Fewer than half of Americans are very confident that their vote for president will be counted correctly — and most say their ballot will not matter anyway because the political process is so dominated by corporate interests.
These are among the results of a P.R.R.I. poll released on Tuesday showing a nation that is deeply ambivalent about the electoral process.
Americans are almost evenly divided on whether fraud or voter repression is a bigger problem, despite many studies showing that fraud is almost nonexistent nationwide.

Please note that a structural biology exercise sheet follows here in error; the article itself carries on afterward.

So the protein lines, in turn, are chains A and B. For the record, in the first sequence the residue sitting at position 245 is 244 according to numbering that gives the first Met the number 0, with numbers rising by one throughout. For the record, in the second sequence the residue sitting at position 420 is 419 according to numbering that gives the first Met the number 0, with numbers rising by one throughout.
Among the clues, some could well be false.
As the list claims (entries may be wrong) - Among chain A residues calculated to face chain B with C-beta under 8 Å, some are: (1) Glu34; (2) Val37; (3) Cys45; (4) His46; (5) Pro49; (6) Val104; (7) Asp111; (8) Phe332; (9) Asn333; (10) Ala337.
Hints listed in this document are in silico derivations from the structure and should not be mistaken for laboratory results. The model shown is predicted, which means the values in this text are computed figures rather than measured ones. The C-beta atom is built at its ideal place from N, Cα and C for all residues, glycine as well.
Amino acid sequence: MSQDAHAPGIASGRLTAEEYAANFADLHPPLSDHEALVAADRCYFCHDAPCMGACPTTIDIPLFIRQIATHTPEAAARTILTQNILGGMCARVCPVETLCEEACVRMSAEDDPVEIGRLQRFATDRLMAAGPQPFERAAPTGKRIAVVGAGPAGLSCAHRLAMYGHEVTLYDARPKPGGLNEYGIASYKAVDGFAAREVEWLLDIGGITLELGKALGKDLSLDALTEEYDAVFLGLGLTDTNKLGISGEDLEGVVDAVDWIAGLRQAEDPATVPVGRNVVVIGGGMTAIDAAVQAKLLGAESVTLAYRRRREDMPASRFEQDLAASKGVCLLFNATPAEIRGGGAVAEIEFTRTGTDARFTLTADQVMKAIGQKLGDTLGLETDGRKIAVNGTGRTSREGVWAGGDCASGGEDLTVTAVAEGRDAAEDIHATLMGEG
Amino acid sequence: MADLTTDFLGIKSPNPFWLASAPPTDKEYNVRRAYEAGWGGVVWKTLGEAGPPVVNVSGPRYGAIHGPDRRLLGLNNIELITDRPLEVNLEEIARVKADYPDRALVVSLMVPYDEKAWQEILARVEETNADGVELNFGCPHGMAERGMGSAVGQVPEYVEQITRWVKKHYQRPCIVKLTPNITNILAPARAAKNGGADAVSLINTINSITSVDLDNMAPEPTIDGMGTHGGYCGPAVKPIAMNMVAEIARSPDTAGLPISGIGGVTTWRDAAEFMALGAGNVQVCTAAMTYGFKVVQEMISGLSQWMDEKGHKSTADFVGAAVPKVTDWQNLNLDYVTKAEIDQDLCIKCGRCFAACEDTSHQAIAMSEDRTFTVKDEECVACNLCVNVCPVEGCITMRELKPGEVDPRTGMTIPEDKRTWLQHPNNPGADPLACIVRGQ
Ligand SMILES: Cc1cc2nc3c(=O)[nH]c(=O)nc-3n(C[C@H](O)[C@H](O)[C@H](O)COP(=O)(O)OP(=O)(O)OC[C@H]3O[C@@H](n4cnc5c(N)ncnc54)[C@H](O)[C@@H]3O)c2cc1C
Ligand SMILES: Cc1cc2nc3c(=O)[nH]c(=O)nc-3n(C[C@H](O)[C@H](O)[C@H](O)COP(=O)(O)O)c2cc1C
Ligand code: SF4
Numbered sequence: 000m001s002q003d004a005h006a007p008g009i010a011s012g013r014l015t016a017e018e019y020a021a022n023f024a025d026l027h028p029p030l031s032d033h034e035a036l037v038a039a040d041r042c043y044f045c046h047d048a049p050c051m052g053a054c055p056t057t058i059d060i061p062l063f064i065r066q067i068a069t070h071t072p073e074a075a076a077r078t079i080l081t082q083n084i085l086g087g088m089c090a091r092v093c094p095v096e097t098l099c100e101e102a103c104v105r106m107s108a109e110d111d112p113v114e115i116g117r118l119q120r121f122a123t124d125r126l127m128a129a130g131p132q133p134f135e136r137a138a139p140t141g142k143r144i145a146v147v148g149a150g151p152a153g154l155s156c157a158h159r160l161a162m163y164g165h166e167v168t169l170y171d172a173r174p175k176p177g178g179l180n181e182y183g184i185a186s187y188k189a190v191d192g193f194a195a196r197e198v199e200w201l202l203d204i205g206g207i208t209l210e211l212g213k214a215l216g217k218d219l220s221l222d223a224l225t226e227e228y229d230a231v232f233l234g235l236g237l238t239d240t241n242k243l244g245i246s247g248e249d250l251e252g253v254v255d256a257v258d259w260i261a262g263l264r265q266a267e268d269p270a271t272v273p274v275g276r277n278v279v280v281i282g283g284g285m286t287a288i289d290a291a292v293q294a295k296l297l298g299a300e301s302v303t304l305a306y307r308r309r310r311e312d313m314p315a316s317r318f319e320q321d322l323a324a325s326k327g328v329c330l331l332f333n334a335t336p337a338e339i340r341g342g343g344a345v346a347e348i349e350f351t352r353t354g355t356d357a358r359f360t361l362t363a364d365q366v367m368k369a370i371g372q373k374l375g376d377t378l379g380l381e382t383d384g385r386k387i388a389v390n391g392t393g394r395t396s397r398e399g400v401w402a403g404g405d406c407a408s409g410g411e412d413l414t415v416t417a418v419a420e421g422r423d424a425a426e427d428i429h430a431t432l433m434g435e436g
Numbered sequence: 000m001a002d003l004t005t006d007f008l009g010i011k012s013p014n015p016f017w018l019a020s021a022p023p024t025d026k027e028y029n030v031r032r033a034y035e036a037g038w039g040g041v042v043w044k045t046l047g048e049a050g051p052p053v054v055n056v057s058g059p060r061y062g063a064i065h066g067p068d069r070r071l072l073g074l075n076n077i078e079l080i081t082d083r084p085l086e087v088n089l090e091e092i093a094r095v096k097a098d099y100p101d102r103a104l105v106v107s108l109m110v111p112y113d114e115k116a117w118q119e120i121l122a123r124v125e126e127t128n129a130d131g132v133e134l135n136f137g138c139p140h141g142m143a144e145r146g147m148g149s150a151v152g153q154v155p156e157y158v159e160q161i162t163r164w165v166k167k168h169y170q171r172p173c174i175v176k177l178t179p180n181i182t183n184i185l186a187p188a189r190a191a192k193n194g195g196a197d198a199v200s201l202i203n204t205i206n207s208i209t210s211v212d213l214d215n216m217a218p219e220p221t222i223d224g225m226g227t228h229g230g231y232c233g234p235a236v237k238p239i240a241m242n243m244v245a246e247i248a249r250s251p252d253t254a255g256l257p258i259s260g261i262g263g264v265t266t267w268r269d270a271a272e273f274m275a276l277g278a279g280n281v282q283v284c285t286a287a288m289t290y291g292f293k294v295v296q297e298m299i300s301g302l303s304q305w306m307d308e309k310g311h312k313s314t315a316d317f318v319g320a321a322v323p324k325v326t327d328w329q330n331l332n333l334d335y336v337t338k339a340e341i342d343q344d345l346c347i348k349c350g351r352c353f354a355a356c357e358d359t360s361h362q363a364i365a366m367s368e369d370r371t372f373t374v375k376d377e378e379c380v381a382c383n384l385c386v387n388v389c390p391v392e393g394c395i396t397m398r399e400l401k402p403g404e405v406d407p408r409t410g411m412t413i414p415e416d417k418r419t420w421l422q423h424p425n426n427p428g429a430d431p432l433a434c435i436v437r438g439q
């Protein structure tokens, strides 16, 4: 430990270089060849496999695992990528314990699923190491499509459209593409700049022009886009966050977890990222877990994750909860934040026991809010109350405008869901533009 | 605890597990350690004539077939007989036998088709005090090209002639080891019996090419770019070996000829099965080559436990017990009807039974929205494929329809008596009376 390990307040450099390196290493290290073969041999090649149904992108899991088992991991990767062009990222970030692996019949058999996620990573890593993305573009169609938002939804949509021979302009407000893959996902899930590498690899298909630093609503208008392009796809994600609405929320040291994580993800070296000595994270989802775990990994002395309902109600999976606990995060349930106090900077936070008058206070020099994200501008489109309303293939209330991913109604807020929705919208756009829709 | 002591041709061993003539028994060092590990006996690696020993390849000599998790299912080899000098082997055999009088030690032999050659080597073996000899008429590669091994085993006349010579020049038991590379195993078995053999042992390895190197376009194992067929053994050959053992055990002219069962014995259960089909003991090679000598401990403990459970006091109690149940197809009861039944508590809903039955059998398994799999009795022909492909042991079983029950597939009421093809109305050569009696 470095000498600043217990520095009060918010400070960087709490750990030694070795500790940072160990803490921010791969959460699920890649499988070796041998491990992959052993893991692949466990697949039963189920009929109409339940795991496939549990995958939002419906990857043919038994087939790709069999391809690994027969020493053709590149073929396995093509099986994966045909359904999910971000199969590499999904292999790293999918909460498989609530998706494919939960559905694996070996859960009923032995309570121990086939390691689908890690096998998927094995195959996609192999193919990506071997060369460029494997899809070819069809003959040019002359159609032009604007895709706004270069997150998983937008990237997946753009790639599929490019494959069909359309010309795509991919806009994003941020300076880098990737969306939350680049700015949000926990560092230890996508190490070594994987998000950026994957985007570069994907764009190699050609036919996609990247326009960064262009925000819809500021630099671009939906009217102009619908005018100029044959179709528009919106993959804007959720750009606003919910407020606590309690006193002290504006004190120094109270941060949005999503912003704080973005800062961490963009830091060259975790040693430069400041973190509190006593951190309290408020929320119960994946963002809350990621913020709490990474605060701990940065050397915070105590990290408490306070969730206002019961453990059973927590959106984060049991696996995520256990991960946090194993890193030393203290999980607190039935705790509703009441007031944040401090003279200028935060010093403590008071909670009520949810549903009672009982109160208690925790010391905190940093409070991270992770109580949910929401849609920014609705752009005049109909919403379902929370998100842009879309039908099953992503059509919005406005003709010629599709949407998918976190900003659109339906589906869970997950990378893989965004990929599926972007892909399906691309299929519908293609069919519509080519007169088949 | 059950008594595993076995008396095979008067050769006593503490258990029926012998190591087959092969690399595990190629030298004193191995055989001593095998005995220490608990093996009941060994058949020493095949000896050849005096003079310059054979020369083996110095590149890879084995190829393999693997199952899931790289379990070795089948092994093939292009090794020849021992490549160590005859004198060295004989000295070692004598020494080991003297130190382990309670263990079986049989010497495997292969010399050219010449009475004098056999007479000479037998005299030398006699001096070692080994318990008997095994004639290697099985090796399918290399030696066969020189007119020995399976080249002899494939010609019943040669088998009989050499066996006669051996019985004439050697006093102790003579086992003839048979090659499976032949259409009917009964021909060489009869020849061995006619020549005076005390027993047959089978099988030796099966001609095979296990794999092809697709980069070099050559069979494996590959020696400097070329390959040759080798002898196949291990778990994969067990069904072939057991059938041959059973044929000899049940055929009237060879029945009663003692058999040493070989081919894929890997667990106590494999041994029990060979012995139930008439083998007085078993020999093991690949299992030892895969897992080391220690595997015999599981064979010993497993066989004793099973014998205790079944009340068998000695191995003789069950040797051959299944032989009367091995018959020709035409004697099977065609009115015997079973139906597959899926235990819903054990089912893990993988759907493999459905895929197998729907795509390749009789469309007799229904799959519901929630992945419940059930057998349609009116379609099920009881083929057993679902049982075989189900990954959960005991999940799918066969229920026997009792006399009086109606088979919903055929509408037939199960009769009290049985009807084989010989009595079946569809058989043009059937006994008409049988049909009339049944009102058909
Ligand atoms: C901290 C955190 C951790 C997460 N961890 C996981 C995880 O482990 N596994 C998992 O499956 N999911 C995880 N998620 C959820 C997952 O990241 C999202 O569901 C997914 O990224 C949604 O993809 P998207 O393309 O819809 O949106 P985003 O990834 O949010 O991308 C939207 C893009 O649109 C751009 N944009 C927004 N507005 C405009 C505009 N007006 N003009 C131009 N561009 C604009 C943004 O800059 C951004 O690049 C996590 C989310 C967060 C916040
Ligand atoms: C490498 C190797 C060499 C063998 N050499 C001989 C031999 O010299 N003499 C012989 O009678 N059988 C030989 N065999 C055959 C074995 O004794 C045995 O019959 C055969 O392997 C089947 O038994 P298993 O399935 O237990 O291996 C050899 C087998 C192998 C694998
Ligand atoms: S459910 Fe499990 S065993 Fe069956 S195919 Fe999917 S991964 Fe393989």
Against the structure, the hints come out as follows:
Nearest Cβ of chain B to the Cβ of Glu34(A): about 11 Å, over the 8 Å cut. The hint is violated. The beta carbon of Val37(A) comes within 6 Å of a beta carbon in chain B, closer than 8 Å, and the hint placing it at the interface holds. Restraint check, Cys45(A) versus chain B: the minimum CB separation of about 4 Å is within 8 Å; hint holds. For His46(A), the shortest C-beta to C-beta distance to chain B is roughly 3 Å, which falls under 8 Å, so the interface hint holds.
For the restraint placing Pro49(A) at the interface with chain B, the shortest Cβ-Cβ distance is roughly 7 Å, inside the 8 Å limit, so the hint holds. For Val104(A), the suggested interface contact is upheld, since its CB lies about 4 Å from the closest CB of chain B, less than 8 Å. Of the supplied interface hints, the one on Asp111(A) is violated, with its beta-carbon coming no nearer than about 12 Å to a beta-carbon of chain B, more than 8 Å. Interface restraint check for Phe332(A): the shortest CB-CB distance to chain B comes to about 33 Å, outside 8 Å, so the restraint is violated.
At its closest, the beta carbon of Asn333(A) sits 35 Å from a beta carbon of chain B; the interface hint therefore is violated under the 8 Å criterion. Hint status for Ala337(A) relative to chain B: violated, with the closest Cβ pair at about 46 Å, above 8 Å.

And they dovetail with recent trends. In a Gallup survey in August, 36 percent of Americans said that voter fraud would most likely be a major problem this election, more than those who said it would not be an issue. That was up significantly from a pre-election Gallup poll in 2004, when just 24 percent expressed serious concern about fraud.
“Most pernicious, I think, is the fact that Americans are basically divided on which is the bigger problem, voter fraud or disenfranchisement,” said Robert P. Jones, the chief executive of P.R.R.I.
In the poll, 41 percent said voter suppression was a bigger issue, while 37 percent named fraud.